During most of my career as a cognitive psychologist, I expressed grave doubts about the Western version of IQ or Intelligence Quotient, often simply called “general intelligence.”
Despite more than a century’s worth of testing, psychologists still cannot come up with a better definition of intelligence than “the ability to adapt.” Given that this is the concept that lies at the core of intelligence, you would think that there would be greater reservations about more than a century’s worth of testing that reduces IQ to two fundamental abilities – verbal and mathematical. Traditional IQ tests do not pay even lip service to musical, artistic, athletic, or inter-personal abilities.
In addition they are highly biased in terms of content with which a middle-class child is apt to be familiar. Educators and psychologists agree that what they call intelligence is influenced by both genetics and environment, but the environment is not adjusted for in traditional intelligence tests.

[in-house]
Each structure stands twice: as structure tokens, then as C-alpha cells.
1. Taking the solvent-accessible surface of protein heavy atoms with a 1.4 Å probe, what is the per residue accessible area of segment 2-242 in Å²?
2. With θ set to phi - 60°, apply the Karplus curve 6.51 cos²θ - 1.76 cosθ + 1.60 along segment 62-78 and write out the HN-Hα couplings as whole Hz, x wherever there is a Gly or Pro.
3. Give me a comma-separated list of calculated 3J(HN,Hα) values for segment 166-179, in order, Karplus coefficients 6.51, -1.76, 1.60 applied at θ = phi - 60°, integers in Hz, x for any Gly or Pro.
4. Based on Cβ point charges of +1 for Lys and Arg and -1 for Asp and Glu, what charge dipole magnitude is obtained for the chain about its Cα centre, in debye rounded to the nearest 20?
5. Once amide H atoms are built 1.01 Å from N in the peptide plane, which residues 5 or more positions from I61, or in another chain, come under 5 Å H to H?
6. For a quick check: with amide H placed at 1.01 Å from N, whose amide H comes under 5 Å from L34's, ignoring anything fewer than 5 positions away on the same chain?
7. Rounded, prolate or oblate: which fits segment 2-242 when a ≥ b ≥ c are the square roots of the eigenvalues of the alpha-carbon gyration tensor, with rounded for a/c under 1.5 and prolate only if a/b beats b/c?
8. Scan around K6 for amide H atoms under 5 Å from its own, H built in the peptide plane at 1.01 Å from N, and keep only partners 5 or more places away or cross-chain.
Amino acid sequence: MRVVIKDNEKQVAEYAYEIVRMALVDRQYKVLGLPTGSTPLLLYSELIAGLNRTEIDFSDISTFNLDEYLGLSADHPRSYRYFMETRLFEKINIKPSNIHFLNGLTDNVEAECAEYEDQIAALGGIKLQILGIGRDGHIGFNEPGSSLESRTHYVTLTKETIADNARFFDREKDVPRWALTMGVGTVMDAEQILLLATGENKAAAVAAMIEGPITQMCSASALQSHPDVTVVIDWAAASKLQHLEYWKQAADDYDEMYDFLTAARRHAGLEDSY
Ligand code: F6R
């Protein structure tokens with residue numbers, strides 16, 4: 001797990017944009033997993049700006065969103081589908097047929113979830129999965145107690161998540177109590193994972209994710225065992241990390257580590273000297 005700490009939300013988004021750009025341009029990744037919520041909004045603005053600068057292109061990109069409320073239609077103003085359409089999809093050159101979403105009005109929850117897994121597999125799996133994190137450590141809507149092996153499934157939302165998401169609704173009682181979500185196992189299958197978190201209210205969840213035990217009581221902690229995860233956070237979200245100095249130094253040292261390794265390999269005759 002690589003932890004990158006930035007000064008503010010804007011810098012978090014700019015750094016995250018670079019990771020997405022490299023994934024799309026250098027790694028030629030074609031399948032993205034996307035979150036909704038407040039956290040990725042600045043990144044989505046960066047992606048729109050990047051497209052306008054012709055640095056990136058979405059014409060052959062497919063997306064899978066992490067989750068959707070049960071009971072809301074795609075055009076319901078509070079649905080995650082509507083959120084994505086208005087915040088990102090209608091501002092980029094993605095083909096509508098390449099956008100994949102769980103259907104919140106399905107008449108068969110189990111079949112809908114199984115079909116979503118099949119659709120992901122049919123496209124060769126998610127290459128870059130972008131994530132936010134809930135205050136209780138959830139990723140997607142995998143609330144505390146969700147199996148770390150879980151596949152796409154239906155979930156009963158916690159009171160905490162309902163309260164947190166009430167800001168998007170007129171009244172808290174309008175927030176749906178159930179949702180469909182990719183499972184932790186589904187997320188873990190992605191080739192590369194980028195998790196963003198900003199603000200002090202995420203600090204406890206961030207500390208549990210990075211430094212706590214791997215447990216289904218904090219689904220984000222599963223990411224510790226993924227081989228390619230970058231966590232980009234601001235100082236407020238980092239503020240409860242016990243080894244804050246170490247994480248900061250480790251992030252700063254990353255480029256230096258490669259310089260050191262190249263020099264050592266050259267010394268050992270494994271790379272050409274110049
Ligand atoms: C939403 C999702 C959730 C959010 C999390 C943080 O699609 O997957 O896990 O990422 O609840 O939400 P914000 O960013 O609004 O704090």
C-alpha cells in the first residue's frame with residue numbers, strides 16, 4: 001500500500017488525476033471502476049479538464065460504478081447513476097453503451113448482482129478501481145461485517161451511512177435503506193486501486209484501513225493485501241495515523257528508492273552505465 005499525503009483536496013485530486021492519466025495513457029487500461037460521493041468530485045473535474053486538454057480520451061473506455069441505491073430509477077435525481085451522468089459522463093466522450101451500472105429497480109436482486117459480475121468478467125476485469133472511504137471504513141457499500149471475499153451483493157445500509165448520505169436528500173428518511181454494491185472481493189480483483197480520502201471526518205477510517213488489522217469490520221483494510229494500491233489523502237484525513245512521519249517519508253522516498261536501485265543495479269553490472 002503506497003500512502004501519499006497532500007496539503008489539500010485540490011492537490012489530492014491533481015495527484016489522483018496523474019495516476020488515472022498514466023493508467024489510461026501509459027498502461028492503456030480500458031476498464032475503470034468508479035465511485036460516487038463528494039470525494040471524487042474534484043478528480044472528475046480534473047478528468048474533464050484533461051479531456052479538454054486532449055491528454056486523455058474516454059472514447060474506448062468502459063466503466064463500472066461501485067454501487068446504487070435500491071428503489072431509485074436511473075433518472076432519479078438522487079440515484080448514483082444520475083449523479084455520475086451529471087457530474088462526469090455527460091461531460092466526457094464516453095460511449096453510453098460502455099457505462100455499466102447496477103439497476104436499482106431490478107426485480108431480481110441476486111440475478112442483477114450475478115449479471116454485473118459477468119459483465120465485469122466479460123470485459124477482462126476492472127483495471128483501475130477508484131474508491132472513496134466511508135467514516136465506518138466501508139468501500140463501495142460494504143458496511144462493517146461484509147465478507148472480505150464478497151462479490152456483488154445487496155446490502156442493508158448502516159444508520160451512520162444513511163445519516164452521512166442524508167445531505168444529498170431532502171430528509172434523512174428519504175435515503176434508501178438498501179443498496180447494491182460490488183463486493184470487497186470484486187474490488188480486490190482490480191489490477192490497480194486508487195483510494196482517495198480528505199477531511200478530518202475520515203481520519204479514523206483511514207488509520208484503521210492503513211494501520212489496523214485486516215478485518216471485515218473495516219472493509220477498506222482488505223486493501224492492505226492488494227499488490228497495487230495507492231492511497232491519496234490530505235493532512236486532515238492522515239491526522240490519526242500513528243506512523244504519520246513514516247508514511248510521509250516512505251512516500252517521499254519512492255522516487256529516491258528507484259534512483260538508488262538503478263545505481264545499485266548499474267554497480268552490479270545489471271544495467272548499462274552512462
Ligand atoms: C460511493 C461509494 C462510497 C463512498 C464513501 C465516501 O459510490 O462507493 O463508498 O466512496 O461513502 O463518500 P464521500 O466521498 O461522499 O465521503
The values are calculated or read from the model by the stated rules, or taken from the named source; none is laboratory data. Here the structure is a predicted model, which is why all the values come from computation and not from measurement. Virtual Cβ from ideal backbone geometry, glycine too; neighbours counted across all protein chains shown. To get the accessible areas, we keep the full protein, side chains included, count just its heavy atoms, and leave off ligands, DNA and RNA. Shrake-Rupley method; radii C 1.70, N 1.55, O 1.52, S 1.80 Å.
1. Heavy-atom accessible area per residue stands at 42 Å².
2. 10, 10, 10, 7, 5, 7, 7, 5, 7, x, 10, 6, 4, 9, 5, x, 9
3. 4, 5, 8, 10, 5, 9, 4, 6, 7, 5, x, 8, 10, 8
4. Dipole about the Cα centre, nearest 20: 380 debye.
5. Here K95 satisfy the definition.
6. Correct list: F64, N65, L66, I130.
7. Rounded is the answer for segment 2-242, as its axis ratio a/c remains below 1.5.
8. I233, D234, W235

As a result, IQ tests do a fairly good job at predicting who can succeed academically. They do not predict who will make the most money, who will report as adults that they are happy, or the success of their family life. And a recent study of students in the Bronx has demonstrated that non-cognitive characteristics like grit, persistence, curiosity, and sheer character are absolutely necessary and themselves are highly predictive of success, even academically. Exceptionally high intelligence and educational opportunities to develop it are not enough.
Traditional concepts of intelligence embed in many of us an assumption that if people aren’t like us, they are less intelligent. If the elderly aren’t as good with modern technology as younger people, the assumption is that younger people are smarter. Or possibly even that old people are dumber. Ethnic minorities, people with physical deformities, or language difficulties are often discriminated against as being less intelligent. A lack of proficiency in the dominant language of a country is often assumed to be because the person isn’t intelligent. I have seen this dreadful misconception operate in relation to doctors, professors, engineers, and social workers who speak haltingly or with a heavy accent.
I’ve reached the conclusion that our traditional concept of intelligence is a chauvinist Western prejudice. It’s a way of fooling ourselves into thinking that we are superior to the peoples we have colonized in the last 400 years.
The assumption is often made in all good faith. But unfortunately, it can be a way of staying stupid ourselves.